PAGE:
This Sucks: My Parents Support Donald Trump

My husband and I protested against the nomination of Donald Trump at the Republican National Convention in Cleveland, Ohio, i
My husband and I protested against the nomination of Donald Trump at the Republican National Convention in Cleveland, Ohio, in July 2016, to the dismay of my parents.

I am a daughter of two people who support U.S. presidential candidate Donald J. Trump, and I am heartbroken over it. Despite my shaken foundation, my resolve to stand against Trump is emboldened.

My parents support a racist elitist, but they are not monsters — they can’t be. They taught me values like never knock someone’s home or financial status, and try to help people in need if you can.

So, when my father started posting hateful memes on his Facebook page more than a year ago in support of Trump’s candidacy, my heart sank. We had a screaming match over his support of Trump. (Some irony here: I was living alone in Mexico at the time.)

Months later, dad told me he was saddened when I protested Trump’s candidacy at the Republican National Convention in Cleveland, Ohio. Never mind his daughter was standing up for what she believed in. Never mind that her choice was not a personal attack against him.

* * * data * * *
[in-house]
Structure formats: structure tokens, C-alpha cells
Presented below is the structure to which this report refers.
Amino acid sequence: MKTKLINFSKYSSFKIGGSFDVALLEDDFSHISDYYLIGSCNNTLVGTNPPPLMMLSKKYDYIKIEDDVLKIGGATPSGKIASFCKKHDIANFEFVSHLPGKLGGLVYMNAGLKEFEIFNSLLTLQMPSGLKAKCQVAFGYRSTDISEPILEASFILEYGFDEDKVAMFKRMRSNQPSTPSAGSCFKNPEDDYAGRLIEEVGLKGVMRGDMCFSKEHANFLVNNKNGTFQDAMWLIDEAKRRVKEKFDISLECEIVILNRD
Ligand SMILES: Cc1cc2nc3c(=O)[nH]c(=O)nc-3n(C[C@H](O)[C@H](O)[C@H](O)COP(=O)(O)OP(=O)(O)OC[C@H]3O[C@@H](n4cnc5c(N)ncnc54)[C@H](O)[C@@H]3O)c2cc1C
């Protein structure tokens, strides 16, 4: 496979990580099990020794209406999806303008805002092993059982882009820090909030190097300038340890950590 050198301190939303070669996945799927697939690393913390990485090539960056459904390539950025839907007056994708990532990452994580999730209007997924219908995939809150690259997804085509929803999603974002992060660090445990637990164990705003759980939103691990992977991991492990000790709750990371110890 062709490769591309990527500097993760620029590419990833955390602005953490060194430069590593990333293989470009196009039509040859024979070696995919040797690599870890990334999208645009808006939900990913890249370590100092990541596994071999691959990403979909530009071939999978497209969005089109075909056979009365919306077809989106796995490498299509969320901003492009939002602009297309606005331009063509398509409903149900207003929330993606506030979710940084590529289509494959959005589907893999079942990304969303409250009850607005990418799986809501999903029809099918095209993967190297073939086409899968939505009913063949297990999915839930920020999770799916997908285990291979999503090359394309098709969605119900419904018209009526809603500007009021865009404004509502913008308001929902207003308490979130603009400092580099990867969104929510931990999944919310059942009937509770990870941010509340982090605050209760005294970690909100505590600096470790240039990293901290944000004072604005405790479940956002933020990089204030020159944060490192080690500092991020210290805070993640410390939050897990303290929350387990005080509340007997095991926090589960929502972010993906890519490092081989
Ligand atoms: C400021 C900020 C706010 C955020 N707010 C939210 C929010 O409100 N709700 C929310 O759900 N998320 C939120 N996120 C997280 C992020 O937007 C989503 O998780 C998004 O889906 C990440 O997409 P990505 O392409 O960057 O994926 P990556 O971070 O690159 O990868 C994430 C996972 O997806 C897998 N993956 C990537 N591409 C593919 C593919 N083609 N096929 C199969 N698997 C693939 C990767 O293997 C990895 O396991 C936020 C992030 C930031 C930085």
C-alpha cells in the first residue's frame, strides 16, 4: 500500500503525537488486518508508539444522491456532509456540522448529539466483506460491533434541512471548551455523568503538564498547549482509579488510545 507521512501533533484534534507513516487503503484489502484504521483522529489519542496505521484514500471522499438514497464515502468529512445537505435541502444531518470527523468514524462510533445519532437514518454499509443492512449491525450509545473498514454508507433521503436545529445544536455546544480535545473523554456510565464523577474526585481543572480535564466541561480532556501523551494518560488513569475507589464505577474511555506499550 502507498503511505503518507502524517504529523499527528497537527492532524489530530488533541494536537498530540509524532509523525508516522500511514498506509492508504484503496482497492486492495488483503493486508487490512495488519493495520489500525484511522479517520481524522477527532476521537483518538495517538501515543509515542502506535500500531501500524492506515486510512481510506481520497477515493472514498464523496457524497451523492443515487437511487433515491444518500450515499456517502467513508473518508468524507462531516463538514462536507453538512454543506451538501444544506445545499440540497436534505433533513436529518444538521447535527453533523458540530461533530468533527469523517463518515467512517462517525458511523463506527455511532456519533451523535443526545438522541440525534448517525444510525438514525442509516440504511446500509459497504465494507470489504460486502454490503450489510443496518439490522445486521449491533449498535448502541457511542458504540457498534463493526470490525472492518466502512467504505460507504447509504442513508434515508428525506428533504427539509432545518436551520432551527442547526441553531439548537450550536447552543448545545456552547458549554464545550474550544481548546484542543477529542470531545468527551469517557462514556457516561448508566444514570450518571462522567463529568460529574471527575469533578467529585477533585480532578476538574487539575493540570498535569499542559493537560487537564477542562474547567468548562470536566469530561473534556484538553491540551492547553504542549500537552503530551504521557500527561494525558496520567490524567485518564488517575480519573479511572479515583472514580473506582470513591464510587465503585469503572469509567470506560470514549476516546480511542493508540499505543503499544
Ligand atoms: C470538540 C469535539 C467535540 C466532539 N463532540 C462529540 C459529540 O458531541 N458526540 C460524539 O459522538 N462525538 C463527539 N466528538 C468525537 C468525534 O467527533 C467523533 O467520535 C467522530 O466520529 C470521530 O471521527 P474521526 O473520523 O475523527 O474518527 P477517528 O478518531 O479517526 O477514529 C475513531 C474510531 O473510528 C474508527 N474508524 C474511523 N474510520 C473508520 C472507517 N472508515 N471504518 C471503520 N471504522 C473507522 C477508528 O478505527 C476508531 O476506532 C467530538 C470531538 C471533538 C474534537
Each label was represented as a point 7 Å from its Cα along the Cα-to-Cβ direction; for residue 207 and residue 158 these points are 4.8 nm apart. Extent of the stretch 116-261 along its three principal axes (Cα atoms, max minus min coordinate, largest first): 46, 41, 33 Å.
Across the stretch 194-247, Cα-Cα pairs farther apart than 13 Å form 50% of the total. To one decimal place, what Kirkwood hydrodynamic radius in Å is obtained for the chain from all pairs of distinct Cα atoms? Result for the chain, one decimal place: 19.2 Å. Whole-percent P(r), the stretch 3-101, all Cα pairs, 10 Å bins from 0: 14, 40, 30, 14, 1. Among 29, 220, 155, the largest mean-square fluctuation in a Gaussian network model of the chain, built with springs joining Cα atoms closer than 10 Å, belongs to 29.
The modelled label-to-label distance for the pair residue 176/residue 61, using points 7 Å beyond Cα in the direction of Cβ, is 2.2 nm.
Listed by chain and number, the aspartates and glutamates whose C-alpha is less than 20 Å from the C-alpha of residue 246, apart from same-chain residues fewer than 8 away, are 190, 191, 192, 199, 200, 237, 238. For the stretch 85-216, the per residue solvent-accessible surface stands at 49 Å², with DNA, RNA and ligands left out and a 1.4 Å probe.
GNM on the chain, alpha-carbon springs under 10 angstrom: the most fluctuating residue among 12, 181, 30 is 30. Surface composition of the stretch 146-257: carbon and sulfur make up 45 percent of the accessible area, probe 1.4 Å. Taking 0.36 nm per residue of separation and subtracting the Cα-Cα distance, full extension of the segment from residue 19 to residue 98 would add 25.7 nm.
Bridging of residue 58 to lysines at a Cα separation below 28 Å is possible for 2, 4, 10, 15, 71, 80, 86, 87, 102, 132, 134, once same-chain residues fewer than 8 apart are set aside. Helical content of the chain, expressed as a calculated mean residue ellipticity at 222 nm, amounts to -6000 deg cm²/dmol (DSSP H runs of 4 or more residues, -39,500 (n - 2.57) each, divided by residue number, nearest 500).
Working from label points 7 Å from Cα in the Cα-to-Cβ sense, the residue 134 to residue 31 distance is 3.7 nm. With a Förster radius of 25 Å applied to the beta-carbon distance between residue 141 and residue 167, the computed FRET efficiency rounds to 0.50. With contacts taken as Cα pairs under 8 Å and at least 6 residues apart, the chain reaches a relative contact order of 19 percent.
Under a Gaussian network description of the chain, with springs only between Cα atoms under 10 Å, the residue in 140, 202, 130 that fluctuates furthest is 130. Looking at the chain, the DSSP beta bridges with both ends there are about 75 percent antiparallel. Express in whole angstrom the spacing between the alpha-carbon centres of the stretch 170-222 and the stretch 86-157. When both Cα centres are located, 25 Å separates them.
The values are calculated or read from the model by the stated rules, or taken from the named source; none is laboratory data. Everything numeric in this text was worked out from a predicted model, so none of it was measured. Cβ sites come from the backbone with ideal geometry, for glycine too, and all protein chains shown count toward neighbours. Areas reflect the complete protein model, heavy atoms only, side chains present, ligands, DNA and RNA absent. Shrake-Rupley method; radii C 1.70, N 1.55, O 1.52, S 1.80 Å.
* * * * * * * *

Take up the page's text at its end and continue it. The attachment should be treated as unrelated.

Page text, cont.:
“If they want to come over here, fine. But do it the right way and work for it ― just like we’ve done for all of our lives,” my parents say. Never mind that’s exactly what most immigrants want to do — they want to work. They want the chance to make a better life for themselves and their families.

“Let them get jobs in their own countries,” they say, referring to refugees and immigrants ― legal and illegal. Never mind other countries are so poor there are no jobs to be had. Never mind their own countries may be in a civil war, or experiencing drought and famine or corrupt leadership that pales in comparison to ours.

My parents are among many people who believe they deserve to have more than everyone else on Earth simply because they are American. Never mind that our souls had the good fortune to be born into America, into relatively easy lives at this moment in history. They want their daughters to get further ahead in the consumerism game than they got. A good job, healthcare, a house, cars, toys, gadgets and more. Middle American rights, right? They think so.

White lives matter,” my parents say. “A strong military is good,” they say.

Yes, my dad was drafted and fought in the Vietnam War, and yes, I’m eternally grateful for his service and I admire his bravery. That doesn’t make the war justified. It doesn’t mean I have to blindly accept what the “establishment” offered as reasons for that war, or any war, or any military aggression to promote American interests at the detriment to non-American human beings.

About which lives matter: in my opinion, Black lives won’t matter until White people say they matter. It’s a horrible statement, but I believe it’s true.